Creating a Realistic Character From a Cartoon Concept in Real-Time

Creating a Realistic Character From a Cartoon Concept in Real-Time

In this article, Snezhana Golubeva, a L'Idem Creative Arts School graduate, guides readers through her creative process, from references and planning to final render, sharing insights and techniques beneficial to fellow artists.

Throughout this article, Snezhana Golubeva, a graduate of L'Idem Creative Arts School in Barcelona, will guide readers through her creative process step by step, covering various stages including references and planning to final render. Each stage has been a learning experience for Snezhana, and she aims to share insights and techniques that may prove helpful to fellow artists.


My name is Snezhana and this is the final personal project of my career in L’idem Barcelona, Fighter. I’ve chosen a concept by Nick Bray, Scrapper.

I’ve enjoyed the process a lot and I’m happy with the result. Big thanks to my L'idem Barcelona teachers for giving me feedback and directions.

I’ll go through the process step by step, covering the following stages:

  1. References and Planning
  2. Blocking
  3. Sculpting the Outfit and the Prop
  4. Retopology and UVs
  5. Face Sculpting
  6. Texturing
  7. Eyes
  8. Hair
  9. Final Render

References and Planning

After selecting my concept, I begin the research. I gather references from various sources such as Pinterest, Google, and ArtStation. To organize these references, I use PureRef. Additionally, I create a detailed plan using Excel to outline the steps and goals for my project.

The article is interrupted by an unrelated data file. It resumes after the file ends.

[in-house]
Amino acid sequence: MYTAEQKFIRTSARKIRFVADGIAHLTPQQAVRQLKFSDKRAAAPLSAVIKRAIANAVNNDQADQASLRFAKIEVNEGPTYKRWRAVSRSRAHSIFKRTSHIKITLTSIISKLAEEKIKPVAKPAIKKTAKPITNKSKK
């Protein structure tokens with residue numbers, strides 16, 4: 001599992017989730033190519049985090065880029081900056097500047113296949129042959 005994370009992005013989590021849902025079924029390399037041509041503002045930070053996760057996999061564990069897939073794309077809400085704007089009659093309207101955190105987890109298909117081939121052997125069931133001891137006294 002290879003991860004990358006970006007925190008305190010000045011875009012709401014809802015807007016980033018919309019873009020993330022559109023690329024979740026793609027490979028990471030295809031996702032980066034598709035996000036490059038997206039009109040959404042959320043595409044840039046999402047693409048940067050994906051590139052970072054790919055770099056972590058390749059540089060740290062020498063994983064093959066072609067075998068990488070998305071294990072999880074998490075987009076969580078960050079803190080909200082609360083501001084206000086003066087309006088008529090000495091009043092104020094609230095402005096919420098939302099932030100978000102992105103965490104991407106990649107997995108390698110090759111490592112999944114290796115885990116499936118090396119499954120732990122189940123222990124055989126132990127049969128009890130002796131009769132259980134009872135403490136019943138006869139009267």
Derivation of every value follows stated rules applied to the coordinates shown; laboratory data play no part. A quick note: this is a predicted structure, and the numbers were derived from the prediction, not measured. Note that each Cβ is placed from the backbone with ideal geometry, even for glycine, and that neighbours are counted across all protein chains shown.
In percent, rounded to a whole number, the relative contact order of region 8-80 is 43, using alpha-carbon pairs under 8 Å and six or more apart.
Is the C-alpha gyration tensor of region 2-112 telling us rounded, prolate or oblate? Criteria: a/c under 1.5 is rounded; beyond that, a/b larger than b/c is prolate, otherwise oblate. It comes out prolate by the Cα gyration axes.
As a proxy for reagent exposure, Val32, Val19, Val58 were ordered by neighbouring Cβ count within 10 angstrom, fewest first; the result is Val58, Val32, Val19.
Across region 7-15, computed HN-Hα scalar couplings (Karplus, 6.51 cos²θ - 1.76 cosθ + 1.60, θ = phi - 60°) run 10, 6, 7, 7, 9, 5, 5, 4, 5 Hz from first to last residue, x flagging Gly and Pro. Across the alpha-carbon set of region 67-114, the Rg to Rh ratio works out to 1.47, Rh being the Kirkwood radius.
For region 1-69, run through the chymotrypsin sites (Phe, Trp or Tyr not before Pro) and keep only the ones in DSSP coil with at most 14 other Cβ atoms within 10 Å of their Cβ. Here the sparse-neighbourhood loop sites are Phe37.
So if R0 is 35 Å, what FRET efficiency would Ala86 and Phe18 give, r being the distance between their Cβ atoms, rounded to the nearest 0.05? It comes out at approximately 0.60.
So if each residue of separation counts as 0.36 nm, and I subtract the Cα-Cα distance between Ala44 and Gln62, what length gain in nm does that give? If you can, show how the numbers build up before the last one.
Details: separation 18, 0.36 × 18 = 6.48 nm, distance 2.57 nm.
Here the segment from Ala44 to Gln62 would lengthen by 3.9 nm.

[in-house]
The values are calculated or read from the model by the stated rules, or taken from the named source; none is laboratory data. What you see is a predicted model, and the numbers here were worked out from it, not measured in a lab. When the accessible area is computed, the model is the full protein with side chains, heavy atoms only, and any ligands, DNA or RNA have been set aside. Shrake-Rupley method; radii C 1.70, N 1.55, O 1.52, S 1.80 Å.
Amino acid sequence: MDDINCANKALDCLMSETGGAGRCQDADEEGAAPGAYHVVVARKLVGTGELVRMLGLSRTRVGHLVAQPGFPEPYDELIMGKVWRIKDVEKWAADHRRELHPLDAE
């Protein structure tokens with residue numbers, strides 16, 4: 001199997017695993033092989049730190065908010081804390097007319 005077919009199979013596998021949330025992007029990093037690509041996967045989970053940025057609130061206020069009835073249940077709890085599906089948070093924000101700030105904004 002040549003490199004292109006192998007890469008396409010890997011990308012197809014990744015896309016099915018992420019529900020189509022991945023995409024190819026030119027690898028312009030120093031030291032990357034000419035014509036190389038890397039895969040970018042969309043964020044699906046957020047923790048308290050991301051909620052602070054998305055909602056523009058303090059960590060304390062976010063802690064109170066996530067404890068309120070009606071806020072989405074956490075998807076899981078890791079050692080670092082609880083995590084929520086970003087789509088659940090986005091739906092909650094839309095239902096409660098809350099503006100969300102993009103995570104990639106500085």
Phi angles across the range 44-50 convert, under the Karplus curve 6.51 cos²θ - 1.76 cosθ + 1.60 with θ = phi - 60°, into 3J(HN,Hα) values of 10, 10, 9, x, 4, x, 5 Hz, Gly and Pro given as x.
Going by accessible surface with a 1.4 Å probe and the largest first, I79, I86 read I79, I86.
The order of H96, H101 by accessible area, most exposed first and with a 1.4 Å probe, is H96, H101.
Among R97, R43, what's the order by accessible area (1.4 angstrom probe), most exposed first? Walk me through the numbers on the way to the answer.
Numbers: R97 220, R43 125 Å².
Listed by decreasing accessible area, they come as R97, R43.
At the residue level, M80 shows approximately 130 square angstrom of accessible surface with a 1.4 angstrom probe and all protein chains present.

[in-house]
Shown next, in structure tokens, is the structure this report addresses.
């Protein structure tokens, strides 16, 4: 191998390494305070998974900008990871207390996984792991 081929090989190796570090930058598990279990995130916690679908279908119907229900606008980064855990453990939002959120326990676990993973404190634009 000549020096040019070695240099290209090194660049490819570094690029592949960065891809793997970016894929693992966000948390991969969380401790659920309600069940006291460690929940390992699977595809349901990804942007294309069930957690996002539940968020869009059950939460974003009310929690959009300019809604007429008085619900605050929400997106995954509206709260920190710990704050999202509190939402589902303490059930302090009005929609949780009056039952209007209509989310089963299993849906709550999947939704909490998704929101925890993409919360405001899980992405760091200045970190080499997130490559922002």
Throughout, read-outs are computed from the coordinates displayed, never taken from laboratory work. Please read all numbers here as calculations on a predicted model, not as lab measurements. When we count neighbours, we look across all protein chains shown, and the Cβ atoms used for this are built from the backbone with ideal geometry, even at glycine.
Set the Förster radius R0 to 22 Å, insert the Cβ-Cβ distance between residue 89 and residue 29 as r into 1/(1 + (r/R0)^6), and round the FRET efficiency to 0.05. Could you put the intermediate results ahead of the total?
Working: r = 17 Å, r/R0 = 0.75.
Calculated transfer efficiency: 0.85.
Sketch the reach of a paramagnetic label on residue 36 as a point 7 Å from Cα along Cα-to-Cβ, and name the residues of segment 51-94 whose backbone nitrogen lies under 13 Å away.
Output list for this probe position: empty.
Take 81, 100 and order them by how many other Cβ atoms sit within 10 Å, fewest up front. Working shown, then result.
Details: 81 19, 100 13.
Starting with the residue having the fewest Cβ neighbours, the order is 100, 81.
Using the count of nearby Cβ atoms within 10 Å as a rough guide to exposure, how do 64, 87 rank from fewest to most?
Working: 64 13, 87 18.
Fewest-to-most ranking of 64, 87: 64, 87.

Planning is boring but it’s important, some stages need to be “closed” on time. With a project so big I can feel lost at times or not knowing what to do. Marking and dividing the big deadline into small ones helps a lot. Some things didn’t go as planned, but it’s okay because no plan is perfect!


At this stage, I like to model basic forms of every detail of the character in ZBrush. It’s important for me to break down the concept as some aspects may be unclear or lack functionality. Additionally, I determine which parts I will mirror and which ones I won’t.

I begin by using a ZBrush female basemesh, considering that the clothes cover the majority of the body. Since the character needed to be game-ready, I used the body solely as a base for the clothes, deleting the parts that were covered.

During this stage, I also utilise polypaint to mark details such as hair, makeup, and other intricate features.

Don’t fall into the temptation of sculpting the face too much. And don't try to achieve likeness at this stage (like me). The face needs and deserves its own SubTool and its own stage of work.

Sculpting the Outfit and the Prop

I used Marvelous Designer to create a base for the jacket and the pants. This tutorial helped me a lot. I remeshed Marvelous geo and sculpted it over in ZBrush. I created some custom alfa wrinkles for this project.

Save your custom alfas and brushes from every project. I was never so agile when sculpting!
Using layers helps a lot to have more control over the details. You can always go back! It’s non-destructive.